DEI, Belonging, and Values Fit in the Workplace

The latest episode of Distributed interviews Sid Sijbrandij, Co-founder and CEO of GitLab. The episode prompted me to revisit the comprehensive GitLab Values page. There’s lots of good stuff in here.

Diversity, inclusion and belonging are fundamental to the success of GitLab. We aim to make a significant impact in our efforts to foster an environment where everyone can thrive. We are designing a multidimensional approach to ensure that GitLab is a place where people from every background and circumstance feel like they belong and can contribute. We actively chose to build and institutionalize a culture that is inclusive and supports all team members equally in the process of achieving their professional goals. We hire globally and encourage hiring in a diverse set of countries. We work to make everyone feel welcome and to increase the participation of underrepresented minorities and nationalities in our community and company.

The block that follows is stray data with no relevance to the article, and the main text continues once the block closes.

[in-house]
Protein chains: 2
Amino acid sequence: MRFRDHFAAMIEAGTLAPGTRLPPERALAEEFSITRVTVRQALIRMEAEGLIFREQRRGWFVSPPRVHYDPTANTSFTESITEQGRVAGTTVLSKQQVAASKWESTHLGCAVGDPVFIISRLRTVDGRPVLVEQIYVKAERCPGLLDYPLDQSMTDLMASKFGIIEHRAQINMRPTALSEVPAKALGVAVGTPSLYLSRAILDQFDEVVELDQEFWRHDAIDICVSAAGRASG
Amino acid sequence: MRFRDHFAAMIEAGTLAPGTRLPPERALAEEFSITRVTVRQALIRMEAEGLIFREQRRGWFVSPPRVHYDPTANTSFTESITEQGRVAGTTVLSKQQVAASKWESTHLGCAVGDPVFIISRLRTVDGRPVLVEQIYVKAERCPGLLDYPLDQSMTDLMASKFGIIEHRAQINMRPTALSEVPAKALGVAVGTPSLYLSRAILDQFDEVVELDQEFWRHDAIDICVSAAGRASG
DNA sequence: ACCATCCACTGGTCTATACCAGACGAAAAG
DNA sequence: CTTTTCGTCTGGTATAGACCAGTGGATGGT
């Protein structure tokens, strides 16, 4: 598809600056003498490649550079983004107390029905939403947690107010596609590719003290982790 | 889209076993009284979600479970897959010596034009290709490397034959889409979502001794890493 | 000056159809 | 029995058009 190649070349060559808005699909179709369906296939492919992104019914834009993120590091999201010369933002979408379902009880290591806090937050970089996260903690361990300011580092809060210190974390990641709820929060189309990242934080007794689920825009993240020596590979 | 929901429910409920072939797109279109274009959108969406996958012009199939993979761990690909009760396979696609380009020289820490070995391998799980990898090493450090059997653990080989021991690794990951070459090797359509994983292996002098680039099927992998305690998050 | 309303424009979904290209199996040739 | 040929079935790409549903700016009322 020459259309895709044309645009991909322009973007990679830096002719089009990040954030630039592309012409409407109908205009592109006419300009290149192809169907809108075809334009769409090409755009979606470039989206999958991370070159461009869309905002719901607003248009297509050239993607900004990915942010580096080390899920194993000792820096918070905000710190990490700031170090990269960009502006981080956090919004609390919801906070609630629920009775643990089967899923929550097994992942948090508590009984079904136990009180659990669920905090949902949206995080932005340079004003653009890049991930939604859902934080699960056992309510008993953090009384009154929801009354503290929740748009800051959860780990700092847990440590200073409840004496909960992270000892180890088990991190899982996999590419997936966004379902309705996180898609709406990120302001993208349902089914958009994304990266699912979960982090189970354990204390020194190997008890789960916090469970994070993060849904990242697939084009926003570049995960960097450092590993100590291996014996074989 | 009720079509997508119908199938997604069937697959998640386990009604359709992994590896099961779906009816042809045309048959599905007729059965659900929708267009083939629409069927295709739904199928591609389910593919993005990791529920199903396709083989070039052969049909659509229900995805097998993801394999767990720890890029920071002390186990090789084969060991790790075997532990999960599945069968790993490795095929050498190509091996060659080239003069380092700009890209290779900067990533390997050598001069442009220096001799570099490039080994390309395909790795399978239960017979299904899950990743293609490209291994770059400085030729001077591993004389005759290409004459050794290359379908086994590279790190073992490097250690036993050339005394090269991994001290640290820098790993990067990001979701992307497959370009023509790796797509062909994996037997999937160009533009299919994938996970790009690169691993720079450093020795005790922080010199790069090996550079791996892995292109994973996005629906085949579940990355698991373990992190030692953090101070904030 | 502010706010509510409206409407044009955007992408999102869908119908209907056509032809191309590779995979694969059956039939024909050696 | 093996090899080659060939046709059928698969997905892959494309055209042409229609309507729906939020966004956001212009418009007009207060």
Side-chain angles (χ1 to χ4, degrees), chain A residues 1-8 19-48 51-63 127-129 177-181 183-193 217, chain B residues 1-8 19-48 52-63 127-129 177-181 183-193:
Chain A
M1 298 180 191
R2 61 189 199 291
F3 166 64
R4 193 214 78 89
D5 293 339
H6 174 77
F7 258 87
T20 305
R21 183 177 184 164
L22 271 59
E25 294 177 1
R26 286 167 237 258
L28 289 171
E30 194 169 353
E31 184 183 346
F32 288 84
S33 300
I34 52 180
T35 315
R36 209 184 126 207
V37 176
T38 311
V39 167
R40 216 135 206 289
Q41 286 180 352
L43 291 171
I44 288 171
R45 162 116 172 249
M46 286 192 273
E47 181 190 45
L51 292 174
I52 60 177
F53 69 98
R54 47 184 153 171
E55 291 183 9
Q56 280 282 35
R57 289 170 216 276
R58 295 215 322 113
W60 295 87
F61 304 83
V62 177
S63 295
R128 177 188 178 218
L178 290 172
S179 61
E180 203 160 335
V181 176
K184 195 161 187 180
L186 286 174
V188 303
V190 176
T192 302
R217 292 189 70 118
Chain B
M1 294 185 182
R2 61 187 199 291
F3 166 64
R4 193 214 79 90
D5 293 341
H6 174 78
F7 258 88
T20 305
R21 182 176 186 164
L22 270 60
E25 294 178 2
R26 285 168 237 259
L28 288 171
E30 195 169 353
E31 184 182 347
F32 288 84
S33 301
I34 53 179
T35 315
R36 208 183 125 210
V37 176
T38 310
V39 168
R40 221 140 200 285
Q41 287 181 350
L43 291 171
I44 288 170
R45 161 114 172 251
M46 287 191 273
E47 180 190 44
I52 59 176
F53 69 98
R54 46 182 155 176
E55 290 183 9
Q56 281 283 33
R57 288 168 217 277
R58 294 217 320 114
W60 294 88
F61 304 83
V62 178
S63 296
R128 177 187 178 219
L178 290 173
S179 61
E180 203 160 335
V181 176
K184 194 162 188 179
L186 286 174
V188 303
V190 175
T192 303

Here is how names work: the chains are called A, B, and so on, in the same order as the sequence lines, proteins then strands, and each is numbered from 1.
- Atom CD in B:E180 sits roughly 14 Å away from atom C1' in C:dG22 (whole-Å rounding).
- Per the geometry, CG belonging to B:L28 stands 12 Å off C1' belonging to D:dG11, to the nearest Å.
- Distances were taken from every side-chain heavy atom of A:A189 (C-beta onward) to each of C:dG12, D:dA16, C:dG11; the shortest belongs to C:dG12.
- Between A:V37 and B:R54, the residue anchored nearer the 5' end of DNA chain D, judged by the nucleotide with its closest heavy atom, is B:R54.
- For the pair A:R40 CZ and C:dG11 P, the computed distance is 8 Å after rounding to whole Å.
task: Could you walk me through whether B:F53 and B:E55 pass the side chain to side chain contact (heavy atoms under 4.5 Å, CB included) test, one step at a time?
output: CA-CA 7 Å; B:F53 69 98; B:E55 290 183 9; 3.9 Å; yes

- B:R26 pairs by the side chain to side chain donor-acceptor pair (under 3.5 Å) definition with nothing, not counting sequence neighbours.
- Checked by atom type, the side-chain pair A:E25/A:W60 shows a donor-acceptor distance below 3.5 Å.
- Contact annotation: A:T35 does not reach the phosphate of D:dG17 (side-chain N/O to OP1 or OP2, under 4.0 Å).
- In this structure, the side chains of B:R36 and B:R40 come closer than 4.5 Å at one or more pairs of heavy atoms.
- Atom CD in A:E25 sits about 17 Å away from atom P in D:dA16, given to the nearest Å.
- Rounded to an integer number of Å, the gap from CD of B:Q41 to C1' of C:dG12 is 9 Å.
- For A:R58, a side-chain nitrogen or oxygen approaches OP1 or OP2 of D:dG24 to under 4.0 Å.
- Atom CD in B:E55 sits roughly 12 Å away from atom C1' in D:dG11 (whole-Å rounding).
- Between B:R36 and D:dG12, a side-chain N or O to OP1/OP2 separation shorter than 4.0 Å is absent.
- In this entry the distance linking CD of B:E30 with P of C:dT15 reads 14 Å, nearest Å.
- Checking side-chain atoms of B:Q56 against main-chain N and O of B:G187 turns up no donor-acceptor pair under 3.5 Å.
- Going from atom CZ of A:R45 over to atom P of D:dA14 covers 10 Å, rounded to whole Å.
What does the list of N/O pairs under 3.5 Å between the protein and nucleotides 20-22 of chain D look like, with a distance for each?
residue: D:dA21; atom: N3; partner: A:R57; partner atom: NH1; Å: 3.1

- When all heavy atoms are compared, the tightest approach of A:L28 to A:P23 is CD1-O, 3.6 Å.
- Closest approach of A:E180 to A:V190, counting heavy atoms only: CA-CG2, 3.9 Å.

We demonstrate diversity, inclusion and belongings when we foster an environment where everyone can thrive and ensuring that GitLab is a place where people from every background and circumstance feel like they belong and can contribute.

Source: GitLab Values | GitLab

I like the addition of belonging to DEI. That’s an important part of Employee Resource Groups: fostering belonging. Belonging helps address the leaky pipeline, and hiring for values fit instead of culture fit helps address getting in the pipeline in the first place.

Culture fit is a bad excuse